Clemmons anxious to return as key contributor

Iowa junior works out at home, looks quicker in PTL

Anthony Clemmons drives to the basket in a Prime Time League Game at the North Liberty Recreation Center in North Liberty, Iowa on Thursday, July 17, 2014. (Adam Wesley/The Gazette-KCRG-TV9 TV9)
Anthony Clemmons drives to the basket in a Prime Time League Game at the North Liberty Recreation Center in North Liberty, Iowa on Thursday, July 17, 2014. (Adam Wesley/The Gazette-KCRG-TV9 TV9)

NORTH LIBERTY — Anthony Clemmons needed to recharge as a basketball player and a person. For the Iowa junior point guard, there was no better place to do so than during an extended trip back home to Lansing, Mich.

For more than a month Clemmons worked out with best friends and former high school teammates Denzel Valentine and Bryn Forbes, both members of the Michigan State basketball team. He also competed with and against former Spartans stars Draymond Green, Kalin Lucas and Travis Walton. Those tough-minded players help sharpen Clemmons’ focus and channel his ambition. He came back to Iowa determined and visibly thinner after changing his diet and adding muscle.

“I felt me going back home and getting knowledge from NBA players and working out with NBA players ... I feel like that’s a blessing,” Clemmons said Thursday. “A lot of people don’t get that. When you see people trying to get somewhere, it only makes you want to get there, too.”

Last season was a disappointment for Clemmons. After starting 13 games as a freshman, Clemmons had no starts as a sophomore and saw his playing time trimmed in Big Ten play. He never logged more than eight minutes in a game after Feb. 1, and he played more than four minutes just three times over Iowa’s final 10 games.

That drop in minutes stemmed as much from his lack of off-season commitment as his on-court performance. He admits he didn’t prepare properly entering last season, something he vows won’t happen this year.

“I was satisfied with what was given to me,” he said. “I had a lot in the papers, I had girls coming up to me. Everybody knew me. A lot of it was fame, and the fame took over. That hurt me. It took away my dedication.”

Clemmons remains a solid teammate and hardly fits a me-first persona. He believes he’s the best player at his position, but that’s how all players feel. He averaged 16.8 minutes a game as a rookie, then nearly 17 over his first 14 games as a sophomore. But his playing time fizzled as did his statistics. He averaged 4.3 minutes and 1.1 points over the final 10 games. He totaled five assists over that span.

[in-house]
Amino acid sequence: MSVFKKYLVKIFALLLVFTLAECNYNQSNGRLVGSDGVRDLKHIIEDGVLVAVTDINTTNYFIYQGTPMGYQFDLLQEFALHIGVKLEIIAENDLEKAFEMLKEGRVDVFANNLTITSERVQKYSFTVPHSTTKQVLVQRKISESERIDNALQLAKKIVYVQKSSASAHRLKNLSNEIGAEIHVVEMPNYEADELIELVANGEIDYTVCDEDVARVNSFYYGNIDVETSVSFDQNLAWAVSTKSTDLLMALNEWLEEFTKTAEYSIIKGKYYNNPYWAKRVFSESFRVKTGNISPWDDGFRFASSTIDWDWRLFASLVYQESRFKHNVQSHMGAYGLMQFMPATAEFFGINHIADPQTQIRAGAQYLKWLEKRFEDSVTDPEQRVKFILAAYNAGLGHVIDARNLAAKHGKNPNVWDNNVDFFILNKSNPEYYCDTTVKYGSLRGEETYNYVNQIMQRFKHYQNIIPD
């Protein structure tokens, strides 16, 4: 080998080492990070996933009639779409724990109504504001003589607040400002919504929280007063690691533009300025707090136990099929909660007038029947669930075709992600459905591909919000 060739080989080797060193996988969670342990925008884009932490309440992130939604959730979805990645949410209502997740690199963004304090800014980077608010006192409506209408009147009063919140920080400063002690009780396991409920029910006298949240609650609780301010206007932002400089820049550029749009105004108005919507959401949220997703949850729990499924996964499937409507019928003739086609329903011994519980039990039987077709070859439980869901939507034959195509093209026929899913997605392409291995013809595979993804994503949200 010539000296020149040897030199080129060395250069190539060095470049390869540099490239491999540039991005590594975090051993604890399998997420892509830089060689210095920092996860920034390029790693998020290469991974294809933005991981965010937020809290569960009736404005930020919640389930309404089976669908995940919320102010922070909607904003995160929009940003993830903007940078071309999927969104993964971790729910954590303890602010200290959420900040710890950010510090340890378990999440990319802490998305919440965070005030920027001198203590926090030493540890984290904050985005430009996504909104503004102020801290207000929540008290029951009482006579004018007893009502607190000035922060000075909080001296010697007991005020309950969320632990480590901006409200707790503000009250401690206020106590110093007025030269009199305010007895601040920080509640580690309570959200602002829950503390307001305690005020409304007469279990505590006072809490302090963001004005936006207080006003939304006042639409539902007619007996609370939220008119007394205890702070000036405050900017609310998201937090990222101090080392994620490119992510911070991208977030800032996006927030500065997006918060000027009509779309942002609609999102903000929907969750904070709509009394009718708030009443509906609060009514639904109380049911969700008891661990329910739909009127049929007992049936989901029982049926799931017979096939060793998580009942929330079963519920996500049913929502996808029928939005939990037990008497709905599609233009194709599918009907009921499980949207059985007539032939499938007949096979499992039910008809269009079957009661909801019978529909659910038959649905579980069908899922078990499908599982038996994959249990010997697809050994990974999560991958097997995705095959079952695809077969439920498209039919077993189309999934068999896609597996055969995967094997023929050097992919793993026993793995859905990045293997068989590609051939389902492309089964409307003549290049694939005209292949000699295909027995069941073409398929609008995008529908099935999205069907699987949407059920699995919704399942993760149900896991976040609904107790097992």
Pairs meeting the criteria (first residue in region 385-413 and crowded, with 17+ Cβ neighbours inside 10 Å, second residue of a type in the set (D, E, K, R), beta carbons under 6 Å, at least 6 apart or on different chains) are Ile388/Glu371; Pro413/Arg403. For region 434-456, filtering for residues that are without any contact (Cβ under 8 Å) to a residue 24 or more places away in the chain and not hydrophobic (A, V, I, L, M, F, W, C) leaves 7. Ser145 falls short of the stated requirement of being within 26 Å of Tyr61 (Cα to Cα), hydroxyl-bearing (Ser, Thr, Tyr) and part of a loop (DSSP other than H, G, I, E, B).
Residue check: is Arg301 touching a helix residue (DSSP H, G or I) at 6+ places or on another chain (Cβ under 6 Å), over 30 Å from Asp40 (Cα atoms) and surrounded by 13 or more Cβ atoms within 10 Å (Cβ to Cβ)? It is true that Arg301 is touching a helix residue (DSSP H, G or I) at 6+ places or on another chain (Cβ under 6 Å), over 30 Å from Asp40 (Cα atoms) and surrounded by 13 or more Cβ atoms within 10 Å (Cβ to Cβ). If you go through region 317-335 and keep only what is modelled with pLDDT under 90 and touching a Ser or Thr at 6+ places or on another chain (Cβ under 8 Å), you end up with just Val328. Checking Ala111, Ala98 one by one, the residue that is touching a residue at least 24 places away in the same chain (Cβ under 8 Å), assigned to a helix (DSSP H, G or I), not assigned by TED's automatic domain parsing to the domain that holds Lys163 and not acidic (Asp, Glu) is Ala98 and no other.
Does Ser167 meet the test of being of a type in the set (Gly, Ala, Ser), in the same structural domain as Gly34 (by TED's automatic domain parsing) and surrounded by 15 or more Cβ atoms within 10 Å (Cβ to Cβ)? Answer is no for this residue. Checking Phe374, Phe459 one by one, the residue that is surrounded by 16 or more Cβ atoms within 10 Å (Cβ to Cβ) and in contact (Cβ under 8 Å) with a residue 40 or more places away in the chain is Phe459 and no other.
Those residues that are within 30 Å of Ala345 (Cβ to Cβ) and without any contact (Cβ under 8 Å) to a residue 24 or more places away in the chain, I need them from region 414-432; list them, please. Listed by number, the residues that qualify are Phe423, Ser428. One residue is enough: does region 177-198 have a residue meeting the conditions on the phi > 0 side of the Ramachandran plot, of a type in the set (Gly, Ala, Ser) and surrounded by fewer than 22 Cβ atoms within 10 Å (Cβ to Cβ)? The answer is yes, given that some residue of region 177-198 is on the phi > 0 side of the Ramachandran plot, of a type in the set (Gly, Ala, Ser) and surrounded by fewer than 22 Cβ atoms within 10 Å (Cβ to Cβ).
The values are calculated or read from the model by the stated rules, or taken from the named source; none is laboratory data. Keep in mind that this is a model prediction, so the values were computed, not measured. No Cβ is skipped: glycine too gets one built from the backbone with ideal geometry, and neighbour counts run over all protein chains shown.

Earlier in the season against Xavier, Clemmons played 29 minutes and dished seven assists. Against Iowa State as a freshman, Clemmons scored 14 points and had eight assists.

Those numbers lead to Clemmons’ off-season intensity. He’s hungry to prove his value every chance he can.

“No disrespect toward anybody, but I don’t want to share my minutes,” he said. “That’s just me now. I want to tune out everything. I don’t want to share anything.

“It’s not being stingy or it’s not being greedy, but I want the best for my team and I feel like I can lead this team.”

Despite the drop in playing time, Iowa Coach Fran McCaffery remains confident in Clemmons. When asked how his starting lineup will fill out next year, McCaffery immediately mentioned Clemmons.

“Anthony Clemmons, remember, was a starter for (13) games his freshman year, and we’ve got to give everybody an even shot coming into this thing,” McCaffery said.

Along with fellow junior Mike Gesell, Clemmons has competition for playing time with incoming sophomore point guard Trey Dickerson, a junior-college transfer. Both stand 6-foot-1 and are quick, explosive players. But Clemmons isn’t willing to concede anything to anyone.

“Everybody said since Dev (Marble) left, the expectations are so much higher for Trey because he’s that newcomer,” Clemmons said. “He’s that guy that can come off the dribble; I can take stuff off the dribble, too. I feel like it’s not fair to that player to put (those) expectations on him. That’s how I feel about the whole situation. It’s whole another league when you come to the Big Ten. It’s a wide awakening. You can’t do a lot of stuff that you did in high school or in juco or stuff like that.

“It’s not like Trey’s going to come out here and replace what Dev did. It’s all bits and pieces. I love Trey’s game. No disrespect toward him; that’s my man. But I feel the expectations are a little bit too high for him, and that puts a lot of pressure on him. I’m here to help him to become a better player than what he was, what he can be. I’m just giving him knowledge and get better myself.”

With the drop in minutes, an incumbent starter at point guard in Gesell and a newcomer in Dickerson, many might question why Clemmons would want to stay at Iowa. Clemmons, however, wants to prove once again that he belongs at Iowa.

“Why leave?” he said. “I’m here. I’ve proved what I can do.”

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